Japan halts deployment of Aegis Ashore missile defence system
TOKYO (Reuters) - Japanese Defense Secretary Taro Kono said Monday that he had suspended plans to deploy two Aegis Ashore air defense radar stations manufactured in the United States to detect and combat North Korean ballistic missiles.
Kono told reporters that Japan would stop the operation due to technical issues and costs. Lockheed Martin Co's two proposed radar stations, one in northern Akita Prefecture and the other in Yamaguchi Prefecture in southern Japan, had also met with resistance from local residents.
With radars stronger than the Aegis ship version that Japan already operates, the planned stations should help counteract North Korea's recent missile advances and relieve pressure on Japan's stretched navy.
"I decided on Friday to stay the trial ... Japan will continue to tackle the threat with ships equipped with Aegis equipment for the time being," said Kono.
North Korea, which threatens military action against South Korea, unless it prevents defectors from sending leaflets and other materials to the north, has tested a number of new irregular-trajectory ballistic missiles last year that, according to Japan, penetrate the Aegis defense should.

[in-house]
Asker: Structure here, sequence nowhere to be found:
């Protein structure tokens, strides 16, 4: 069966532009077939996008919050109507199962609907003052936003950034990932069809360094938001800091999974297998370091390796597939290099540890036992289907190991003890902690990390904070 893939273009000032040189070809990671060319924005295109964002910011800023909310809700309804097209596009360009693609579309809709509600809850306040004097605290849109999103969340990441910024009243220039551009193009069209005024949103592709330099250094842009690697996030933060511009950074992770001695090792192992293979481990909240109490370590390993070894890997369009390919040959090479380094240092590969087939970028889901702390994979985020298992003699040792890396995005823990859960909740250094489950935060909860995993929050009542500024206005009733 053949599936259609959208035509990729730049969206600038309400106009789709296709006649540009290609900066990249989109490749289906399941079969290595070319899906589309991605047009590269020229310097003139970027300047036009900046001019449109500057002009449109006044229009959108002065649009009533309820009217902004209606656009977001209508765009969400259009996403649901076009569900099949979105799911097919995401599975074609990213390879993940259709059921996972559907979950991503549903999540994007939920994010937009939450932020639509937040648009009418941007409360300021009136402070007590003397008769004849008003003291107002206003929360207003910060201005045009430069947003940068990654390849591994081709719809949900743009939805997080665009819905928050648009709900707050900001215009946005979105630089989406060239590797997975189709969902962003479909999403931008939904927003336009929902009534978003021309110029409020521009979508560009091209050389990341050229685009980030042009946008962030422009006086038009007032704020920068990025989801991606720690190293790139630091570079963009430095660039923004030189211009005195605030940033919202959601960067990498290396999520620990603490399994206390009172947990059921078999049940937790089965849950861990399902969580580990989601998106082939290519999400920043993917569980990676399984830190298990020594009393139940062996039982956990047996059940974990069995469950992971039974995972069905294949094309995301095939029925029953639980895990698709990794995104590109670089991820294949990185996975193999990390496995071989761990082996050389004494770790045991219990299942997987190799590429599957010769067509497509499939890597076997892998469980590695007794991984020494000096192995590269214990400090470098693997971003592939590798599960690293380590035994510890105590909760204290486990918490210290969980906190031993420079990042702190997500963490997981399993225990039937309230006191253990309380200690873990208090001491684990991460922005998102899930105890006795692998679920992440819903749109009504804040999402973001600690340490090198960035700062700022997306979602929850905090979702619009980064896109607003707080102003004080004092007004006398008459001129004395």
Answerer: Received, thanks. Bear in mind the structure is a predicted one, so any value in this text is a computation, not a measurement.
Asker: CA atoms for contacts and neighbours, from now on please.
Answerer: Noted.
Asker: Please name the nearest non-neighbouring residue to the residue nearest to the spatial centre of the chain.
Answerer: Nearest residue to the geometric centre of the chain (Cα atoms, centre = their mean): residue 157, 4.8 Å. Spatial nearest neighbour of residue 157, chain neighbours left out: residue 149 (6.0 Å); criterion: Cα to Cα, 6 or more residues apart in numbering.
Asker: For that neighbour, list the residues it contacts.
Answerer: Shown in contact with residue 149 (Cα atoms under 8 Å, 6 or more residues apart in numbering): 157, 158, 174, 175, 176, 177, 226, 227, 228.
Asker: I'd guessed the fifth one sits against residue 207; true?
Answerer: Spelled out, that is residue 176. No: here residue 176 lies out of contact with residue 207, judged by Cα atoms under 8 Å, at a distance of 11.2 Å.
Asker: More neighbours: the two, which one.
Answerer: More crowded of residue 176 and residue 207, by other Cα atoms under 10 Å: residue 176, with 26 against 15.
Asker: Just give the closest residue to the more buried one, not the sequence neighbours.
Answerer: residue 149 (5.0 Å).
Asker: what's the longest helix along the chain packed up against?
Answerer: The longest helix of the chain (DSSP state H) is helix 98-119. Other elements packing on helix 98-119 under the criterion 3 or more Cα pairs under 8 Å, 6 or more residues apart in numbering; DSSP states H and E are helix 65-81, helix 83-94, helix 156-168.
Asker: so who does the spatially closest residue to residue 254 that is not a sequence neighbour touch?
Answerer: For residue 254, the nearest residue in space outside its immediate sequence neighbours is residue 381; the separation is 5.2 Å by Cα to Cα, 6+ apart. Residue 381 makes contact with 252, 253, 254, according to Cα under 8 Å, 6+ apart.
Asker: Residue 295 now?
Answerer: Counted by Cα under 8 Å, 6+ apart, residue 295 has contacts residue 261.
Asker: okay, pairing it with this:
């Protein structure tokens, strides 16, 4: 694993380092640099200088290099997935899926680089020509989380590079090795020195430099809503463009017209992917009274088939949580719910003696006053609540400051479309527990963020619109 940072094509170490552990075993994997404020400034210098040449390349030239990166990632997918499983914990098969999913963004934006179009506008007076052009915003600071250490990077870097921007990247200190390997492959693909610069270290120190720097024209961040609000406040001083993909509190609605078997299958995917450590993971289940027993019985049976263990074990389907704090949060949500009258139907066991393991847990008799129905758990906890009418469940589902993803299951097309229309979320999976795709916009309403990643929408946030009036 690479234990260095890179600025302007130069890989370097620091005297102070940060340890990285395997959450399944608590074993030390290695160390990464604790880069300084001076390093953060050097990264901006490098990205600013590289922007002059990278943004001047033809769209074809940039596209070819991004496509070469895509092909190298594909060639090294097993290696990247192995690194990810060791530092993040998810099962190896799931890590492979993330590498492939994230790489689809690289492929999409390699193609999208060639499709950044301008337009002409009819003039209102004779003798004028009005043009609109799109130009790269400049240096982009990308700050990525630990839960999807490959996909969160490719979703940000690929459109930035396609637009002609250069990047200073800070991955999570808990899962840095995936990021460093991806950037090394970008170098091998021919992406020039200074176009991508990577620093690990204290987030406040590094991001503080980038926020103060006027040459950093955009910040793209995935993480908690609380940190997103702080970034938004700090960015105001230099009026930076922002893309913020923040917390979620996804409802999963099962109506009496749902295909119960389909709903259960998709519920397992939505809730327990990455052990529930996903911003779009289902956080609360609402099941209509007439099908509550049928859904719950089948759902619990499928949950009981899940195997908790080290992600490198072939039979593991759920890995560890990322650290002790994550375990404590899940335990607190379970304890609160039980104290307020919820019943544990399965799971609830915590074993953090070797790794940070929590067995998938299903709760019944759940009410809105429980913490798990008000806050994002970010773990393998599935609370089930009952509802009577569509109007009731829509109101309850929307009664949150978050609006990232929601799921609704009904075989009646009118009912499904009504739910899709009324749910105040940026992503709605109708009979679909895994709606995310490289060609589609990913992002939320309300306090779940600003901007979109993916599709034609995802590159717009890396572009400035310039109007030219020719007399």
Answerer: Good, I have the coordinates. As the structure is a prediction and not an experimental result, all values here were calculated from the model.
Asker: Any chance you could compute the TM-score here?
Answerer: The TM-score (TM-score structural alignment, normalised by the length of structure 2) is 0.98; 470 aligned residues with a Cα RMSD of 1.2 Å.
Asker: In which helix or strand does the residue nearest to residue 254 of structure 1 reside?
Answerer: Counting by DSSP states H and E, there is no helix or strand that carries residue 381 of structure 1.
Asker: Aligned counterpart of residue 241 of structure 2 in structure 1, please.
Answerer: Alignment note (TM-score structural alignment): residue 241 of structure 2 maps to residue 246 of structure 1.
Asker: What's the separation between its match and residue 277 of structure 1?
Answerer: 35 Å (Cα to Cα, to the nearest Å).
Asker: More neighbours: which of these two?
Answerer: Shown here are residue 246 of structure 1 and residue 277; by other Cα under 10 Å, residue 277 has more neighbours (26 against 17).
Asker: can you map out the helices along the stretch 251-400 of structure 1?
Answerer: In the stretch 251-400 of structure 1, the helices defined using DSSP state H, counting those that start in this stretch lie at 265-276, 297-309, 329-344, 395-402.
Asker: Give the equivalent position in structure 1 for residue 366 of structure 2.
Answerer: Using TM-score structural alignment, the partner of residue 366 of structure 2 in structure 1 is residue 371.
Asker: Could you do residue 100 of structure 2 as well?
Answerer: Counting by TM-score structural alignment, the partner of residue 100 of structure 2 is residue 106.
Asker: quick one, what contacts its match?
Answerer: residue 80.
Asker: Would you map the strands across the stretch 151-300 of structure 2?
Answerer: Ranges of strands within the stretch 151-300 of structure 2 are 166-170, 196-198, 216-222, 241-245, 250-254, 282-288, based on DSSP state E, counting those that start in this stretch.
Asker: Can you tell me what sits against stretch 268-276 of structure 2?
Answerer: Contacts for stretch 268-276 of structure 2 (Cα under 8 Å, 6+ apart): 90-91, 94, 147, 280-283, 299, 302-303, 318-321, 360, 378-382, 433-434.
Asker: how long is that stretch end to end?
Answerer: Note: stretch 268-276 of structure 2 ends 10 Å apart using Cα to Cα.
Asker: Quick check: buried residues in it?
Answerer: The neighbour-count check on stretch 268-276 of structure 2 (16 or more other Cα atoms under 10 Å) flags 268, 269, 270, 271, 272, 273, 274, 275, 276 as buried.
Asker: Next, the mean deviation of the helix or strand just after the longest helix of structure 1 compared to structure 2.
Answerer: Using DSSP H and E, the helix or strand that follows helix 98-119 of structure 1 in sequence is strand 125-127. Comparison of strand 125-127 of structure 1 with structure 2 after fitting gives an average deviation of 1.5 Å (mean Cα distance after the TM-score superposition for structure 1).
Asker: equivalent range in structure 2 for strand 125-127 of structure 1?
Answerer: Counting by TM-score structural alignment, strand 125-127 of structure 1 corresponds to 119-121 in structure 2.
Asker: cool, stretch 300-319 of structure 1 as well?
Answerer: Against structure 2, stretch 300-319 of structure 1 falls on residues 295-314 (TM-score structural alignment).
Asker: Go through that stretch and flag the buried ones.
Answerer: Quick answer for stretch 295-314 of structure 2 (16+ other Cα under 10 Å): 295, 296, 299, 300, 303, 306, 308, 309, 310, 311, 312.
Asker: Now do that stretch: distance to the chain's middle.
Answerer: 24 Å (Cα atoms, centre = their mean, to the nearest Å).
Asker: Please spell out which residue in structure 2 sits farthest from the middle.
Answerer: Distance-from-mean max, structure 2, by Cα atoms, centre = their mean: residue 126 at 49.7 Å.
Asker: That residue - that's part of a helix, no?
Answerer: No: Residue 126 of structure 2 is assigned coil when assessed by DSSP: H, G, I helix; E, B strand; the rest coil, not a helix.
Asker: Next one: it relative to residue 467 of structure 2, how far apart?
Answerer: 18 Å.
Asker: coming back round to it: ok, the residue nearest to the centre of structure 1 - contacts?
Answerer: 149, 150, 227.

The two proposed Aegis Ashore systems would cost approximately 439 billion yen ($ 4.1 billion) in operation and maintenance over the next 30 years, according to the Department of Defense.
This price comes when Japan faces an economy weakened by the coronavirus pandemic and unprecedented economic spending that is putting pressure on government finances.
According to the plans, the sites should initially be equipped with SM-3 Block IIA interceptors, which should be used to launch warheads in space. However, Japan has to pay to test these interceptors at a U.S. military test site in Hawaii, which further increases the cost of the Aegis Ashore system.
Tests for the SM-3 Block IIA rockets alone could cost at least $ 500 million, sources with knowledge of the Reuters program said last year.
(Reporting by Takashi Umekawa and Tim Kelly; editing by Tobt Chpra, Raju Gopalakrishnan and Nick Macfie)
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